Globally the three-month average of the semiconductor market for May was $28.20 billion, up 5.1 percent compared with the same period in 2014. The weak performance by Europe and Japan – with the two regions showing around a 10 percent contraction in the market size – is largely due to weakness of the Euro and the Yen against the US dollar, the currency in which chip sales is traditionally measured.

The three-month average of chip sales in Europe – measured in US dollars – fell by 7.8 percent in May compared with the same period a year before. Japan’s chip market in May fell by 11.8 percent compared with a year before. Both currencies have weakened against the US dollar by more than 15 percent against Spring 2014. This implies that when measured in local currencies Europe and Japan could have registered modest year-on-year growth.

Three-month average chip sales in March and April 2015 by geographical region. Source: SIA/WSTS.

In contrast, the Americas region led a charge of 11.4 percent growth in May closely followed by China with 9.5 percent growth and Asia-Pacific/Rest of the World with 8.0 percent growth.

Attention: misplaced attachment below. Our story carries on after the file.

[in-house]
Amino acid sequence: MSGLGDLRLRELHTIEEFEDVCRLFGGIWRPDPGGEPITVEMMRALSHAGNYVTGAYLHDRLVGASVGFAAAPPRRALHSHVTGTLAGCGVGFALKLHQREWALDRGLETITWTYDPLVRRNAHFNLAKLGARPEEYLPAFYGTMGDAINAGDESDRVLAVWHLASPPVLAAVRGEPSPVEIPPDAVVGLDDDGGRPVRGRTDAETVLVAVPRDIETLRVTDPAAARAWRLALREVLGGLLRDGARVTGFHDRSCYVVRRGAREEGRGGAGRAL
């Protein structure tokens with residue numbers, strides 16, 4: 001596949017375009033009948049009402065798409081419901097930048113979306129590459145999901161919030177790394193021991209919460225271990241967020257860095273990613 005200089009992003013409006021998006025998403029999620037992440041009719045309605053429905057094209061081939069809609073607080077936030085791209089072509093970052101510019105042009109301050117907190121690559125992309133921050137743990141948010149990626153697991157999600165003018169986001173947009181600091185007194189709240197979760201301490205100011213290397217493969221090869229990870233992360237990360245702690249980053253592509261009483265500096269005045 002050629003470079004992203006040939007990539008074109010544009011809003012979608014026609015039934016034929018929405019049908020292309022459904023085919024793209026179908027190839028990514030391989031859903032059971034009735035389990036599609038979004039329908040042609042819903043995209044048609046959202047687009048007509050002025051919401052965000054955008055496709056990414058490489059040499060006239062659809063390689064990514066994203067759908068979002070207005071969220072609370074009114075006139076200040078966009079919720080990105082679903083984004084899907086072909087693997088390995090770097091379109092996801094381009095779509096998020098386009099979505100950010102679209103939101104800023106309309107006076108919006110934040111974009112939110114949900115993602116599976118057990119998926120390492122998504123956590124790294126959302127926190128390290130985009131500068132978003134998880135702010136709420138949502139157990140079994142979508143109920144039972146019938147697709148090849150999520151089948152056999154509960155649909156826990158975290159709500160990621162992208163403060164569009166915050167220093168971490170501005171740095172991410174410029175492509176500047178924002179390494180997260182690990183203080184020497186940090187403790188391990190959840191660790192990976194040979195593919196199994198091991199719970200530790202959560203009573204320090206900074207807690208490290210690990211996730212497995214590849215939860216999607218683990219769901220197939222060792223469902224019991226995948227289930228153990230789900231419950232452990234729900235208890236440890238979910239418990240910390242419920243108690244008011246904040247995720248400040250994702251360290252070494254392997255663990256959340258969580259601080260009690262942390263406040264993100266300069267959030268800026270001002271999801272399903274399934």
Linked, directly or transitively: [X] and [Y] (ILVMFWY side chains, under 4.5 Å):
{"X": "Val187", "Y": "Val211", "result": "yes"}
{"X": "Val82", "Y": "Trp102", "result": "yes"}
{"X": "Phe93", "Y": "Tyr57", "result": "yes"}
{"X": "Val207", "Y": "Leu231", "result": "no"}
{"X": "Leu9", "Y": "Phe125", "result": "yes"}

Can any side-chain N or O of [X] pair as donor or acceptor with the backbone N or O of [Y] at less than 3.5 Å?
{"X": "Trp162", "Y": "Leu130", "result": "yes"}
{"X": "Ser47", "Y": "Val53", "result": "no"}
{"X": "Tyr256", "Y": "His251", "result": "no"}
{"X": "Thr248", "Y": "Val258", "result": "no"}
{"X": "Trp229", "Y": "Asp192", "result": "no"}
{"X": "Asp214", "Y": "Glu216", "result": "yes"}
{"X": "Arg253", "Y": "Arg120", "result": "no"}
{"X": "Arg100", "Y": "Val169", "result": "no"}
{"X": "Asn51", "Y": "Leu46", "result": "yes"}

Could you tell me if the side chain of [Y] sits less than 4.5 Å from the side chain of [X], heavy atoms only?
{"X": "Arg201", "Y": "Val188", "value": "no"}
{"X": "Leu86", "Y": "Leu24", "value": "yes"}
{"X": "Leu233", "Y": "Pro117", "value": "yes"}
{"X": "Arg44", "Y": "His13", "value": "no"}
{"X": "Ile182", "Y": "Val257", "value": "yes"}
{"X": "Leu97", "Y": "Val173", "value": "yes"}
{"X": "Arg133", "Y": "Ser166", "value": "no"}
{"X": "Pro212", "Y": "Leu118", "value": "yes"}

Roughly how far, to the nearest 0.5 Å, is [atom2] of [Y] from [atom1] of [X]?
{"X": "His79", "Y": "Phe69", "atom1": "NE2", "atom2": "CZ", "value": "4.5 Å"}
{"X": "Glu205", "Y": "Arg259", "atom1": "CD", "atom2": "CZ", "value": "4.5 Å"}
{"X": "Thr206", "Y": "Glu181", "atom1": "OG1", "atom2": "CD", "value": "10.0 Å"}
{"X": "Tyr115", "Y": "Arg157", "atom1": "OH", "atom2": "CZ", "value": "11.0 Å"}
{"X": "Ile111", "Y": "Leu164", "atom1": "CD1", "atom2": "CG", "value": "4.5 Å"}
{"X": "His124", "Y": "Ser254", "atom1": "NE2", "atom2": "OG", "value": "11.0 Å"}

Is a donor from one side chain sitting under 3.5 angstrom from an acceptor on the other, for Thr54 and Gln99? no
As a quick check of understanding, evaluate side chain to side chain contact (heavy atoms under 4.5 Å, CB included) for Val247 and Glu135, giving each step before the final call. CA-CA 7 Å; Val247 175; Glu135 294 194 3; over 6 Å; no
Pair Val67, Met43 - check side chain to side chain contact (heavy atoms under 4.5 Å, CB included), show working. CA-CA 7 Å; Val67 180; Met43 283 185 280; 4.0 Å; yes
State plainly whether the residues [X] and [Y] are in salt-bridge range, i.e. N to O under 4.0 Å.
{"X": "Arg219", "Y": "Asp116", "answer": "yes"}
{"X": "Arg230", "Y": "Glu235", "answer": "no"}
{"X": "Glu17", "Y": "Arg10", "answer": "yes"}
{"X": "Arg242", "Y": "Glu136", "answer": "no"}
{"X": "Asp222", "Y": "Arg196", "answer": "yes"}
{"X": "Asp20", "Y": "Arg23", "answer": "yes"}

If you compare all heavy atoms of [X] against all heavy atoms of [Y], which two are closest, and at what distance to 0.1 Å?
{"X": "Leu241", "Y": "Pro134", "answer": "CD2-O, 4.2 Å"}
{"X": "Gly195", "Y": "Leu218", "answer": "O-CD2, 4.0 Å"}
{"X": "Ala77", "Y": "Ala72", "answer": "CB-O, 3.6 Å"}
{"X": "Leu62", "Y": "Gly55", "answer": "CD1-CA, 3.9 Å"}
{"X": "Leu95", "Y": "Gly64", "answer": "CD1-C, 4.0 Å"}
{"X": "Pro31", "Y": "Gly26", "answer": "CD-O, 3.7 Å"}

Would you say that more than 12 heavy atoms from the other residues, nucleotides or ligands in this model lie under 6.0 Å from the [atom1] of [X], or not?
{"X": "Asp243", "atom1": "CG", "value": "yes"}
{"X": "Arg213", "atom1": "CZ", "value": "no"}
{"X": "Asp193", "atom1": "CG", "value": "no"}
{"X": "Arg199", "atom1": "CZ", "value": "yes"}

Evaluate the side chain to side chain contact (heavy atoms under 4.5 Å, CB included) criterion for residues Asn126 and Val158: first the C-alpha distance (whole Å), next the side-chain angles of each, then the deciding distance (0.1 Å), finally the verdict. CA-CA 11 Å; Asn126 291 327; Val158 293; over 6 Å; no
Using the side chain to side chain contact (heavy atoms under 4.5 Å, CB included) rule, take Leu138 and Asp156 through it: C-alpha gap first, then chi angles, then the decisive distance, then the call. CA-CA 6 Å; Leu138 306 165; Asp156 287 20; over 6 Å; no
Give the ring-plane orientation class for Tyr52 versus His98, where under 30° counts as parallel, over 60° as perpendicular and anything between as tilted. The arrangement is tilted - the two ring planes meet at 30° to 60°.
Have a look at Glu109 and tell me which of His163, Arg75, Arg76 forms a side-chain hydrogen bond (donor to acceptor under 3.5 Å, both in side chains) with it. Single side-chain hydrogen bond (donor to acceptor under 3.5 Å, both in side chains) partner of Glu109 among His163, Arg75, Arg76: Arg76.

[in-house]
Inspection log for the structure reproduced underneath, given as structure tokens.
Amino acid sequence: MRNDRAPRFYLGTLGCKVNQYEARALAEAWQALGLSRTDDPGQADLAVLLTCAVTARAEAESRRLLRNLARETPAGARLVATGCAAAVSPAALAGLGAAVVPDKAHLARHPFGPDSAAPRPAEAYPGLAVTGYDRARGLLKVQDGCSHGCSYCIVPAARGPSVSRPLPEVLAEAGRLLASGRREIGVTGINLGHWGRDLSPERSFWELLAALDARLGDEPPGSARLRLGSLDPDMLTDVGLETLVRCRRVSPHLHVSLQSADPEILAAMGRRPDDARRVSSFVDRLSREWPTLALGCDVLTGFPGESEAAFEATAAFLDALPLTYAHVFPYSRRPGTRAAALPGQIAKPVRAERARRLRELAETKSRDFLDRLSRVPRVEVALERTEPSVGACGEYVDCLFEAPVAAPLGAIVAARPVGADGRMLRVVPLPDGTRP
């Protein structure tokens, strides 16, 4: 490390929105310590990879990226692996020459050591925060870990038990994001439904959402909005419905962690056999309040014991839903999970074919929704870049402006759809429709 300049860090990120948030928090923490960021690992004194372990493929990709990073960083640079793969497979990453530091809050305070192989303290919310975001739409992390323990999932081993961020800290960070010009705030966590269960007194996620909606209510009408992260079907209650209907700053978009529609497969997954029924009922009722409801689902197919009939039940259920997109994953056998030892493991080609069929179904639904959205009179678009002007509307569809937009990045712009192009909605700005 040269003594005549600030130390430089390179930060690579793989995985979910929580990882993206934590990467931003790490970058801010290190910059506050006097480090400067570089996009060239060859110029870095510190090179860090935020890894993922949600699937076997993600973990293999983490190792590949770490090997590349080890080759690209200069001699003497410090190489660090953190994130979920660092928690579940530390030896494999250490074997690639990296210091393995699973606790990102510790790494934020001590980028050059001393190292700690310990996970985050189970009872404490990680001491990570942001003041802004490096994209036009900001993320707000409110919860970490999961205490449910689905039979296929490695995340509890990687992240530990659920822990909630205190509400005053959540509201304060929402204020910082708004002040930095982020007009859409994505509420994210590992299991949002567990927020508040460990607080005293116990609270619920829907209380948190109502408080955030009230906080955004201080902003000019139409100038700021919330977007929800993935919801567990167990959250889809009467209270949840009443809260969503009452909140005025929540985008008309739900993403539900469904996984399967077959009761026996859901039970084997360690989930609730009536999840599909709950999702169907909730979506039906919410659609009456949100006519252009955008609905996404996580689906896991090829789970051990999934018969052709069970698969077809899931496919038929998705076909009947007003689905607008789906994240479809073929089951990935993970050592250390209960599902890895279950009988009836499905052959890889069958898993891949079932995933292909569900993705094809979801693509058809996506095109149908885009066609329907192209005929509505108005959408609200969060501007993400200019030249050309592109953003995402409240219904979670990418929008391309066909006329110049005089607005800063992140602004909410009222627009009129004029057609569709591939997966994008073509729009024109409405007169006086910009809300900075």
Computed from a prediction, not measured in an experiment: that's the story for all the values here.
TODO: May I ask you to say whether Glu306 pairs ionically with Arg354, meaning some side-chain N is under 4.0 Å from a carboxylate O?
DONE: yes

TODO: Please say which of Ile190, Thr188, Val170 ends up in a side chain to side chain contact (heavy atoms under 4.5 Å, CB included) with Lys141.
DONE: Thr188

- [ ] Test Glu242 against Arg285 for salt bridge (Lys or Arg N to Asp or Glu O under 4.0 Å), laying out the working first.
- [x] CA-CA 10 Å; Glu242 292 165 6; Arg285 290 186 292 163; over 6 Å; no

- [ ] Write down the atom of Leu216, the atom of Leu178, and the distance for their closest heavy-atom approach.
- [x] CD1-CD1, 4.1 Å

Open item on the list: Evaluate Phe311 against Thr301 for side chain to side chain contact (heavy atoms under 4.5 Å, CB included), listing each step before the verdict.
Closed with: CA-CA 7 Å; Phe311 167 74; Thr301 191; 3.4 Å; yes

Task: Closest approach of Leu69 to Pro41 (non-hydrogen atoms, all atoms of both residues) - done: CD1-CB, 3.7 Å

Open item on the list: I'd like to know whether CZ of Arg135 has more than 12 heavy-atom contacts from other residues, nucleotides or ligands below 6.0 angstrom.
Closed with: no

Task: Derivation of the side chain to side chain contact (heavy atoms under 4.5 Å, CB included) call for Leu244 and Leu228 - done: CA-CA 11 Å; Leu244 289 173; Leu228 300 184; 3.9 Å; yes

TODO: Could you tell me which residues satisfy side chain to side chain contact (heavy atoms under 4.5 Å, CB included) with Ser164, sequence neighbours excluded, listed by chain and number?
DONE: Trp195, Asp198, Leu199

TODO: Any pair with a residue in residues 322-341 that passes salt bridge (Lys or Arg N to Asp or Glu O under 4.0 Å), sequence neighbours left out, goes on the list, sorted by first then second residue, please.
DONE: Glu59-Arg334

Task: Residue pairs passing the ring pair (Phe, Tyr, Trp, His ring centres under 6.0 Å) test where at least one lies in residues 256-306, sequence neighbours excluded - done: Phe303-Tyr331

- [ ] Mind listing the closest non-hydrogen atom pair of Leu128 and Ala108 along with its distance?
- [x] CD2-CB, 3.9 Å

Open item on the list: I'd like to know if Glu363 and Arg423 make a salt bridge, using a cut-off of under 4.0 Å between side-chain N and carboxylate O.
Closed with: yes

Monthly data is given by the SIA as a three-month average, although the WSTS organization tracks actual monthly data. The SIA and other regional semiconductor industry bodies opt to use averaged data because it evens out the actual data that typically show troughs at the beginnings of quarters and peaks at the ends of quarters.

John Neuffer, CEO of the SIA, said he expects modest growth to continue for the remainder of 2015 and beyond.

Related links and articles:

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European chip market shows 18% annual growth in April

No American chip boom after all, says WSTS

Chip market growth was strong Q1 in US, China

European chip market turns ‘schizophrenic’ 

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